February 27, 2020

Functionality remains in fashion for Pomar

woman sitting on rock
Pomar focuses on style and functionality – at the same time.
Pomar

In its 60 years of existence, Finnish footwear brand Pomar has seen a lot and done a lot, but it has never run out of ambition.

Casual outdoor refers to a combination of things: it’s not really outdoorsy to the point of hiking and camping, but it certainly has the outdoors feel. This is the market Finnish shoe brand Pomar targets.

man walking

Pomar’s shoes excel in a variety of conditions. The company also makes shoes for summertime, too.

Pomar

And, as CEO Jarno Fonsén points out, there’s plenty of that in the Nordic countries. The summers are short, and the autumns, winters and springs aren’t always easy to dress for. Thus, shoes need to be able to battle through snow, hail, rain and slush, and not lose their grip on ice either – yet remain breathable to prevent sweating.

“Our shoes aren’t very cheap, but we always aim to make both the design and the structure so durable that they can be worn for years and years,” he explains. “We’ve included various solutions to improve the grip of the sole, and our use of GORE-TEX ensures that the shoes are waterproof yet breathable.”

To support the objective of durability, the shoes don’t follow quickly passing trends. Instead, the company goes for classic and simple styles. New collections come out twice a year, but the old ones remain evergreen – and sometimes, they become trendy by accident.

“Right now, Dr. Martens shoes are very popular, so in a way that helps us too. We’ve always got similar ones in our collection.”

Pehmis becomes a huge hit

Founded in 1960 by former shoe factory employee Toivo Leppänen and his wife, Kirsti Leppänen, in a municipality called Pomarkku in the Satakunta region, Pomar initially went by the name of Veljeskenkä. At first, the couple manufactured children’s shoes and later expanded to men’s shoes.

woman sat on jetty

All-weather friends – snow, hail, rain, slush and ice are no match for Pomar.

Pomar

At the time, Jarno says, the region was scattered with shoe factories, many of them very small. Veljeskenkä only got its first real workroom after about a decade in business.

At best, the company had 200 employees. In the 1970s, Pomar developed its legendary Pehmis, slippers that has sold over a million pairs. More recently, the company even created a remodelled version of the classic, which became a bit of a fad among young people.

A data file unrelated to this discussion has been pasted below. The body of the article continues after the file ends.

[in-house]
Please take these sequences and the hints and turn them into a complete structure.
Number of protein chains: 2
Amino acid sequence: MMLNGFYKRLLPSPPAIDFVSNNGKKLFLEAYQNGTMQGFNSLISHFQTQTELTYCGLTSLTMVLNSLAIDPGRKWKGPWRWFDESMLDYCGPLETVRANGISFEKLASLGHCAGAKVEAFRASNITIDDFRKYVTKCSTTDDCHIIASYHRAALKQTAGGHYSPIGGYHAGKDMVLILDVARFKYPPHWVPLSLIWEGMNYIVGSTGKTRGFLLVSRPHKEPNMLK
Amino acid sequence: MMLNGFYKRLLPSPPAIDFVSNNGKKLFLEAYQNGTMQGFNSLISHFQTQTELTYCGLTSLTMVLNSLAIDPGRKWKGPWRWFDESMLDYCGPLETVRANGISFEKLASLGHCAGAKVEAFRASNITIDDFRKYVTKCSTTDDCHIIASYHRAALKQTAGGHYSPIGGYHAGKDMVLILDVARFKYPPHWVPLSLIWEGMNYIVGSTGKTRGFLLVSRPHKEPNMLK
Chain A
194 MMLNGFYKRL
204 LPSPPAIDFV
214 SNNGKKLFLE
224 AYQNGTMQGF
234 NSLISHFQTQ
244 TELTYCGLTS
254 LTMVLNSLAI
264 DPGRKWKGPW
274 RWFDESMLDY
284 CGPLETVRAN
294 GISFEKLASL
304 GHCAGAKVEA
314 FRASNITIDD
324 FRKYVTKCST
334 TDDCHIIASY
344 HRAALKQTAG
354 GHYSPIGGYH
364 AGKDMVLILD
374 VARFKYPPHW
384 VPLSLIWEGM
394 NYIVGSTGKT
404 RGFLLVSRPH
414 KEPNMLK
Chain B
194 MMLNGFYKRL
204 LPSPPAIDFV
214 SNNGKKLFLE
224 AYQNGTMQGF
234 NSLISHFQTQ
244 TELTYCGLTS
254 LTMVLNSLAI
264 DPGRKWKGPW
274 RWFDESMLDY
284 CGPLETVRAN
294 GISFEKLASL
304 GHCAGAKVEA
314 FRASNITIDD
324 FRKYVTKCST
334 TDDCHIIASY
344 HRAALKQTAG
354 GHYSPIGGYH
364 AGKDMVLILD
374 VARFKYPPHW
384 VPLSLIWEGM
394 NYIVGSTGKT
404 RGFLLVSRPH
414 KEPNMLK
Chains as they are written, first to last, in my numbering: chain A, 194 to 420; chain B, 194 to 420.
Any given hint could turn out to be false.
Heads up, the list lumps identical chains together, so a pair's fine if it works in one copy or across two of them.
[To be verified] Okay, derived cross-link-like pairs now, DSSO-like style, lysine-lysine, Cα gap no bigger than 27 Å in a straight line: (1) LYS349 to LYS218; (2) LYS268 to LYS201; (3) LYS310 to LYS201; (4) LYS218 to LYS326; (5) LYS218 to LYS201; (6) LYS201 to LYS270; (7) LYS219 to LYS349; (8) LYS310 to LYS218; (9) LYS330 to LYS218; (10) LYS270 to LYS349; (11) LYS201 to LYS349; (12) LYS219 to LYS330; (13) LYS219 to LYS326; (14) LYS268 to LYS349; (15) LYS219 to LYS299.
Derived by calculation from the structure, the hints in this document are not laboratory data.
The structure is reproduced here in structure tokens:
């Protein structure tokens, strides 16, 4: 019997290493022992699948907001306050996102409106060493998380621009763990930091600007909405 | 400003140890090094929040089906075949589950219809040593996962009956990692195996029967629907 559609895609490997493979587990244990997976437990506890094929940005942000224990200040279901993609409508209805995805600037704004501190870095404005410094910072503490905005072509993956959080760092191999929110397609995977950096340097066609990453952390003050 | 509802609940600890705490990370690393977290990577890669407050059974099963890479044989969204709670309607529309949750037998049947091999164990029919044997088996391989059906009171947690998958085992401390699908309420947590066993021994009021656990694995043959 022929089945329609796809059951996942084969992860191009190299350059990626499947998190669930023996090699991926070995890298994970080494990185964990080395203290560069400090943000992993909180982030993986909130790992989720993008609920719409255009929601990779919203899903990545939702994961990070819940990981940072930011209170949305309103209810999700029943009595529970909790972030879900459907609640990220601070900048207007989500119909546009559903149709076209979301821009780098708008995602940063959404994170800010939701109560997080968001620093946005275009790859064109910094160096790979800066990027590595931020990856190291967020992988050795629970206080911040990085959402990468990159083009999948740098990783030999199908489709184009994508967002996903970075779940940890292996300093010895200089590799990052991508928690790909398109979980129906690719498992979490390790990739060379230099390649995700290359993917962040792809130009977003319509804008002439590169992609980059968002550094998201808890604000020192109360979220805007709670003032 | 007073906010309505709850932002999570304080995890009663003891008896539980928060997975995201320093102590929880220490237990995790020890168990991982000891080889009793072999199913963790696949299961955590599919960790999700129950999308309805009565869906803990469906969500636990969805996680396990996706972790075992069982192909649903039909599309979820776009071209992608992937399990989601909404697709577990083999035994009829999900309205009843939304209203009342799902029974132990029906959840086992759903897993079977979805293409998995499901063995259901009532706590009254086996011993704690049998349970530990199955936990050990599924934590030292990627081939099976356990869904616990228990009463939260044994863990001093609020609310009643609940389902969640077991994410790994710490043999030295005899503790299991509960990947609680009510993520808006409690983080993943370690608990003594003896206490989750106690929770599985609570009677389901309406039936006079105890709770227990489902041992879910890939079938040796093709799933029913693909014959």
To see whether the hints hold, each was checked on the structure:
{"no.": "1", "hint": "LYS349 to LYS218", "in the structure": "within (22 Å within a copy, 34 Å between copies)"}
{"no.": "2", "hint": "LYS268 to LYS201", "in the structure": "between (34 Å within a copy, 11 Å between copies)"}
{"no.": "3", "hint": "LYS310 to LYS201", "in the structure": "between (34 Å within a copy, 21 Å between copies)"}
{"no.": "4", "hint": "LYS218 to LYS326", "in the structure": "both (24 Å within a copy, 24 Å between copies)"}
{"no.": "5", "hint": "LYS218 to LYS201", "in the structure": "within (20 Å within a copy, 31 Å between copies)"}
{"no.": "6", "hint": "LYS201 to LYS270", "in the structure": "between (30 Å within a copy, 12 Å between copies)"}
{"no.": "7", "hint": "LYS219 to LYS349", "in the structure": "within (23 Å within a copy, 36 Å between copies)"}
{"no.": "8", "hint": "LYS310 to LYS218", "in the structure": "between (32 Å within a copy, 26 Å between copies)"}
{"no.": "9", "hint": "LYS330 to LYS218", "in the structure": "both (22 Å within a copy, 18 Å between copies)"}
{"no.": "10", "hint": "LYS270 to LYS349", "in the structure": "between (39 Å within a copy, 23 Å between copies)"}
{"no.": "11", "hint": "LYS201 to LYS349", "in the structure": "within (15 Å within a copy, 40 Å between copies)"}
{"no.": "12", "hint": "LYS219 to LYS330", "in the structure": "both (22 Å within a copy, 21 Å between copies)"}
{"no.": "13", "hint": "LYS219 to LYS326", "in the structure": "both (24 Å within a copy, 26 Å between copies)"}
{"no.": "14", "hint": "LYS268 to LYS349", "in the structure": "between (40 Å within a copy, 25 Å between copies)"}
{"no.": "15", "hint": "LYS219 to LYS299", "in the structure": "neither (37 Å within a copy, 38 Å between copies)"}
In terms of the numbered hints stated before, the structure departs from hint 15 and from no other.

Jarno joined the company in 1986 and took over leadership in 1993. His wife, Päivi Fonsén, is the daughter of Toivo and Kirsti, and remains chairman of the board at the company.

Plenty has happened since: the vast majority of Finnish shoe factories have disappeared and production has been taken abroad. This has been Pomar’s fate, too, and the company’s products are now made in Estonia. Design work is still conducted in Finland, and the head designer, Minna Peltomäki, recently won the Ornamo Award, a prestigious design industry accolade.

A European exception

Throughout the years, plenty has changed outside the industry too. For example, Pomar launched its first a vegan collection a few years ago, and it has been hugely popular. Jarno has noticed that sustainability is a growing concern for consumers, and, even though Pomar no longer produces its shoes in Finland, it’s still an exception in the industry: according to the 2019 World Footwear Yearbook by World Footwear, almost nine out of 10 pairs of shoes are currently made in Asia.

woman's boots

These boots are made for walking.

Pomar

Pomar has resellers in Finland, Sweden, Norway, Estonia, Latvia, Russia, Japan and Spain, and shoes ordered through the company’s online store fly out to various countries every month.

Jarno believes there are plenty of opportunities for growth in the existing markets. For example, through successful partnerships in Japan and Russia new requests are coming in.

Even though Pomar’s collections don’t include summer shoes, they still sell well in countries where winters are far from their Nordic versions.

“In Finland, we tend to choose our outfits based on what the weather is like. In many other places, people dress based on what season it is, no matter the weather,” Jarno says laughingly.

Text: Anne Salomäki

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